Taxi drivers in the city will need to have working knowledge of Marathi.
Even as the sons-of-the-soil agenda turned into a national controversy with Congress leader Rahul Gandhi jumping into the fray, the state cabinet on Wednesday passed the minutes of the previous cabinet decision reaffirming the 1989 amendment to the Motor Vehicles Act. This amendment makes ‘working knowledge’ of Marathi a prerequisite for taxi permits.
This would tilt 24,000 jobs as taxi drivers in favour of the Marathi manoos. North Indian taxi drivers seeking new permits to drive fleet or solo cabs will also have to learn Marathi.
This decision was confirmed even as Nationalist Congress Party (NCP) ministers like Deputy Chief Minister Chhagan Bhujbal, Water Resources Minister Ajit Pawar and Rural Development Minister Jayant Patil attacked Chavan for changing his stance on the issue.
“Marathi is the language of the state. There is nothing wrong in saying that. It cannot be equated with any other local language. Is it a crime to say Gujarati is the state language of Gujarat? What’s so wrong if taxi drivers are expected to speak Marathi?’’ asked Bhujbal.
Last week, the cabinet had decided to revive 24,000 taxi permits allotted according to the 1989 rules. The Act stipulates that any person who has been a resident of Maharashtra for 15 years and has a working knowledge of Marathi and any other local language can avail the permit. The decision had become controversial and was called ‘discriminatory’ and ‘anti-migrant’.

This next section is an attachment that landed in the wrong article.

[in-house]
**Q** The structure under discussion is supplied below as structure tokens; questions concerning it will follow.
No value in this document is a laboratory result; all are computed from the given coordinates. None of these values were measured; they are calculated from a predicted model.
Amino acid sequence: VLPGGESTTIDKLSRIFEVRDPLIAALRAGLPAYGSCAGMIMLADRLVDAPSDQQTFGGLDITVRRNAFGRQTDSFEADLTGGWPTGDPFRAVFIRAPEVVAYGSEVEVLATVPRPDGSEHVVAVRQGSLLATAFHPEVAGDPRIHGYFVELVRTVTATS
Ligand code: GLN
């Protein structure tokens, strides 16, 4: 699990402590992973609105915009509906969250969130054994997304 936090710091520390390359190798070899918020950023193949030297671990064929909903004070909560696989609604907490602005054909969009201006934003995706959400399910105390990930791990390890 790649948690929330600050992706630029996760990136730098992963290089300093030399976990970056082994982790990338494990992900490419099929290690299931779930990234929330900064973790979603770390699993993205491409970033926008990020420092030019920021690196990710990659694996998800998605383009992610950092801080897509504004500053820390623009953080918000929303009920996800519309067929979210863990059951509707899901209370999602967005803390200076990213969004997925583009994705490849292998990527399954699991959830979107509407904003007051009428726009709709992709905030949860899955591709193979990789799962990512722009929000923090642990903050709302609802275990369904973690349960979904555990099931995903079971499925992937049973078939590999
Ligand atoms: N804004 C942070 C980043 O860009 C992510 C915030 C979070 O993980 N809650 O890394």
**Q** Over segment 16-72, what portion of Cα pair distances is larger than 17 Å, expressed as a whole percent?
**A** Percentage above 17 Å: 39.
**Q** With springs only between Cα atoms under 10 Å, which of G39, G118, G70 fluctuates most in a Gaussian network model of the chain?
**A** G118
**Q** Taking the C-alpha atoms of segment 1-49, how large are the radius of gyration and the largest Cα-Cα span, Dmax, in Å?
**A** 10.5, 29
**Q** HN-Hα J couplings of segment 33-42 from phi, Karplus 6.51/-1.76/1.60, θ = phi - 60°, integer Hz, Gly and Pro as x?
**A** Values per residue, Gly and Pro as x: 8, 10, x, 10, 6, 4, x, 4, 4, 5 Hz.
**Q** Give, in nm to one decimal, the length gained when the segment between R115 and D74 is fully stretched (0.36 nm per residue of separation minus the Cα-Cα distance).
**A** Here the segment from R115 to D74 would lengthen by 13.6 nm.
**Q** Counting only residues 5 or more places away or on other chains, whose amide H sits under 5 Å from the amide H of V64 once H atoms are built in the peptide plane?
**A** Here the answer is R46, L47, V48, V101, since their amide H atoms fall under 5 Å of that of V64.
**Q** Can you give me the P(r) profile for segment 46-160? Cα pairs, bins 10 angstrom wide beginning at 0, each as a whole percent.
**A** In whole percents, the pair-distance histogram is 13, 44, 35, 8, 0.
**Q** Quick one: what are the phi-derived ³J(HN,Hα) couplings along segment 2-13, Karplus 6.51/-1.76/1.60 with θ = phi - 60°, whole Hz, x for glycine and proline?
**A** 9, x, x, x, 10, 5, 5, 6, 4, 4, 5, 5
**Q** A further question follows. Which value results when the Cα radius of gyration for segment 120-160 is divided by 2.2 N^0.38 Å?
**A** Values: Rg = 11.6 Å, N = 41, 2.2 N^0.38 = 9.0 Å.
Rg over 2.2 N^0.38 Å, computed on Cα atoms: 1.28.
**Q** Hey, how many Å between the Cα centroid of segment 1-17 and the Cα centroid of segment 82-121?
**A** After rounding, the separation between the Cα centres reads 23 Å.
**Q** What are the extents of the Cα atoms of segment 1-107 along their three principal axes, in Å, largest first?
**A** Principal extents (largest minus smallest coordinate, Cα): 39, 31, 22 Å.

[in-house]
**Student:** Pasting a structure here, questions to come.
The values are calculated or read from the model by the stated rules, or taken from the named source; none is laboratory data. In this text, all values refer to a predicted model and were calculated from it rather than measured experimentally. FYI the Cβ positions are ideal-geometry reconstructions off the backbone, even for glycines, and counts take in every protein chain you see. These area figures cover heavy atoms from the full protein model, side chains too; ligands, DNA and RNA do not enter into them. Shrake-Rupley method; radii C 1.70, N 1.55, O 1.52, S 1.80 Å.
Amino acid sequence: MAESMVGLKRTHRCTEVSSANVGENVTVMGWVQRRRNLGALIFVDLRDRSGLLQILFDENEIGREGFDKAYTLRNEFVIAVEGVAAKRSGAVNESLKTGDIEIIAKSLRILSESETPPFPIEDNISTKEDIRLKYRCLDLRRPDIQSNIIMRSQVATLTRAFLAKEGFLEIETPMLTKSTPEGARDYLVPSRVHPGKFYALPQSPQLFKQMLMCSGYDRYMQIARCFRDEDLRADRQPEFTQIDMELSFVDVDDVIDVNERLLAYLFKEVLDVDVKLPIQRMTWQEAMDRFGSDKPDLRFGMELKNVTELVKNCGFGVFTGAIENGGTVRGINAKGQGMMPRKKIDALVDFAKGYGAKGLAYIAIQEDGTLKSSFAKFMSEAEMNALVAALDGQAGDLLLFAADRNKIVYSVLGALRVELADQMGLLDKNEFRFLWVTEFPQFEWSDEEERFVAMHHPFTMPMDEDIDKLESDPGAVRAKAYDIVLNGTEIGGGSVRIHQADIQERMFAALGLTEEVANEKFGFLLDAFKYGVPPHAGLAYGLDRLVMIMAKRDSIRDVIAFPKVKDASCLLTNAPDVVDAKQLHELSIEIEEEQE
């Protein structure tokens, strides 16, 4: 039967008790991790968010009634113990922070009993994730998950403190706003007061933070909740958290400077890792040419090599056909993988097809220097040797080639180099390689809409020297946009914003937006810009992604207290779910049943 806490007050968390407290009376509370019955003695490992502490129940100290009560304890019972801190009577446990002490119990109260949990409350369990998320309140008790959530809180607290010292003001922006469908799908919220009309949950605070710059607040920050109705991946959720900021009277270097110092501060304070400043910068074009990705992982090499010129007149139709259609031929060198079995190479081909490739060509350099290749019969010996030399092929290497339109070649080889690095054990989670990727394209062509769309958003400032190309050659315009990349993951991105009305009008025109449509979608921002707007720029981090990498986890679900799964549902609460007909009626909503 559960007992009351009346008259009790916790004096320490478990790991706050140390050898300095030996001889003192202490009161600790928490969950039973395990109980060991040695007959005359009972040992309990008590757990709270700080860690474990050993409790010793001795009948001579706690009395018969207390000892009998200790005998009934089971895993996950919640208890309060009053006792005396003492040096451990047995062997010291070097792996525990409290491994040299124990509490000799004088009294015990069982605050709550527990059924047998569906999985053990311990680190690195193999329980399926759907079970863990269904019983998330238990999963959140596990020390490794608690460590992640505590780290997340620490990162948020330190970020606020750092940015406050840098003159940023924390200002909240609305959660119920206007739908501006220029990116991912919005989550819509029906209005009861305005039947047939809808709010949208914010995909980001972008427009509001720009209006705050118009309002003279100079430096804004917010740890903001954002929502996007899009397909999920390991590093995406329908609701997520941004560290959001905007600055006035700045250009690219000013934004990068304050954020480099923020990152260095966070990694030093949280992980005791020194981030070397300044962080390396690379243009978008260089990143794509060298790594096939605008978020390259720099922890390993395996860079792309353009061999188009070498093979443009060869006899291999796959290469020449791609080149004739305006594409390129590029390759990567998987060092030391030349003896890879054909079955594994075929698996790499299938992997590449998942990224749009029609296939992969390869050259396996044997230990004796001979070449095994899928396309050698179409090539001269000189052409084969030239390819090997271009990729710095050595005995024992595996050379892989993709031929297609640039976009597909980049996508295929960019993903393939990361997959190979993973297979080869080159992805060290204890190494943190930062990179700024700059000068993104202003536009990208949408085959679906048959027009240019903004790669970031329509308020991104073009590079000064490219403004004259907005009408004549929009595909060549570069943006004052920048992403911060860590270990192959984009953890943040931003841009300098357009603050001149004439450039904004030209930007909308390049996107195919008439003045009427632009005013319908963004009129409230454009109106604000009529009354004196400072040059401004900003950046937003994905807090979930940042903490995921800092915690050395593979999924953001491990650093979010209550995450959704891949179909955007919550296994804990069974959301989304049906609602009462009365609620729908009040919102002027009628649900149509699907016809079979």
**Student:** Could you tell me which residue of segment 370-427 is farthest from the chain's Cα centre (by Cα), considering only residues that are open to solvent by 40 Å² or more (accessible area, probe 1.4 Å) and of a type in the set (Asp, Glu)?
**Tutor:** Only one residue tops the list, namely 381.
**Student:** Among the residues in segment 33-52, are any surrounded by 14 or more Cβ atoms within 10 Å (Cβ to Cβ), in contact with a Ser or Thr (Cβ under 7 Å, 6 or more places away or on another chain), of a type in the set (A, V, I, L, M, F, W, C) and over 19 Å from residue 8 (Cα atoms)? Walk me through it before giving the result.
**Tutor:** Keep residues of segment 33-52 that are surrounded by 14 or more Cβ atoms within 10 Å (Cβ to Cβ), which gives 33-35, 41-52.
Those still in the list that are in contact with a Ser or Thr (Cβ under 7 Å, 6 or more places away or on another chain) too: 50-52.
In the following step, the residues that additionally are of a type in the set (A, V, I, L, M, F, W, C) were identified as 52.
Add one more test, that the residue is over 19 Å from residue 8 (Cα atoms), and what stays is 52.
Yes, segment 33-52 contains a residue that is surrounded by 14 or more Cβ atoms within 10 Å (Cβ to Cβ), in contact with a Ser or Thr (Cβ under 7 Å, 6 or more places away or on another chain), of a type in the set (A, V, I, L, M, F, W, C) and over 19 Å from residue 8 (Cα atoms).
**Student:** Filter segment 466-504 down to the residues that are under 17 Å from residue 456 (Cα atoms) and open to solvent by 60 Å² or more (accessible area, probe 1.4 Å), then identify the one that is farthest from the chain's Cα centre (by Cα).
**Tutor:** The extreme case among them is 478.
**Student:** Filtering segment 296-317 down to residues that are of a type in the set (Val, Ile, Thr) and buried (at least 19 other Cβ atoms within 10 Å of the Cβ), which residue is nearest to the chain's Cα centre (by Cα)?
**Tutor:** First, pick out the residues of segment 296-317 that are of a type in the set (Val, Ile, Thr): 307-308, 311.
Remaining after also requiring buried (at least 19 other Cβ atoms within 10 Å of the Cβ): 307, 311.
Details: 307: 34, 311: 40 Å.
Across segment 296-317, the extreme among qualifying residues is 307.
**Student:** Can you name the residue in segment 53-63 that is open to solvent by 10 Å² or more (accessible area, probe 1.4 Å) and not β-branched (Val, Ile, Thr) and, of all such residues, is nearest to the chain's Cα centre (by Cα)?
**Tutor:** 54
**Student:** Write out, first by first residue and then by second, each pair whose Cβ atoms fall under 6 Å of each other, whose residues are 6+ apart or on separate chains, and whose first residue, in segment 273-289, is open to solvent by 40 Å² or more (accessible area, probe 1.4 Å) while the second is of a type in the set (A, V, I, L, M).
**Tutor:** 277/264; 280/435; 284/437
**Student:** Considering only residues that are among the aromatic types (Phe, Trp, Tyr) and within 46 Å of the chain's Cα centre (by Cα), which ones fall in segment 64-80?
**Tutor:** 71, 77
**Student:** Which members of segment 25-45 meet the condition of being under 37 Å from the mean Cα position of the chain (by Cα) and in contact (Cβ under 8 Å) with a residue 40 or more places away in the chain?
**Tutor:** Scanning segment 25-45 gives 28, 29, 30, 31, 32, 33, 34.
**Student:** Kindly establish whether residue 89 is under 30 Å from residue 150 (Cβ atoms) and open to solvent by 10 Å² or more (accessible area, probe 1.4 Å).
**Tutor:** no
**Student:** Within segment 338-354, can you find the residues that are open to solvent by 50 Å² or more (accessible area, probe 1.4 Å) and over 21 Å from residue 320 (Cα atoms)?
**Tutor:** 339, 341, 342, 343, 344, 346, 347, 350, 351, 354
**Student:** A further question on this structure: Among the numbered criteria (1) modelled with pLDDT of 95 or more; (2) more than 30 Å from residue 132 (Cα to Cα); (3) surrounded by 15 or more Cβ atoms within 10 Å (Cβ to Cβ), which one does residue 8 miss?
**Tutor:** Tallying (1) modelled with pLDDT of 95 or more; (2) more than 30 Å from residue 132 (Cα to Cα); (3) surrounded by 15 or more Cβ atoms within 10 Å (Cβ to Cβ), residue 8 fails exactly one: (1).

Chavan then backtracked stating that working knowledge any other local language would also suffice. On Wednesday, NCP ministers rallied against Chavan saying there was no need to be “apologetic for making Marathi mandatory for taxi drivers’’. “The cabinet has only confirmed a 30-year-old law. There is nothing new in it,’’ Bhujbal said.
Another senior NCP leader told HT: “Chavan’s U-turn made us look foolish before all Maharashtrians.’’
Chavan’s party colleagues, Revenue Minister Narayan Rane and Forest Minister Patangrao Kadam, chided him. Some Congress ministers said the NCP was sounding like the Sena. Chavan stood his ground and prevented a full-blown discussion.
(With inputs from Sayli Udas-Mankikar)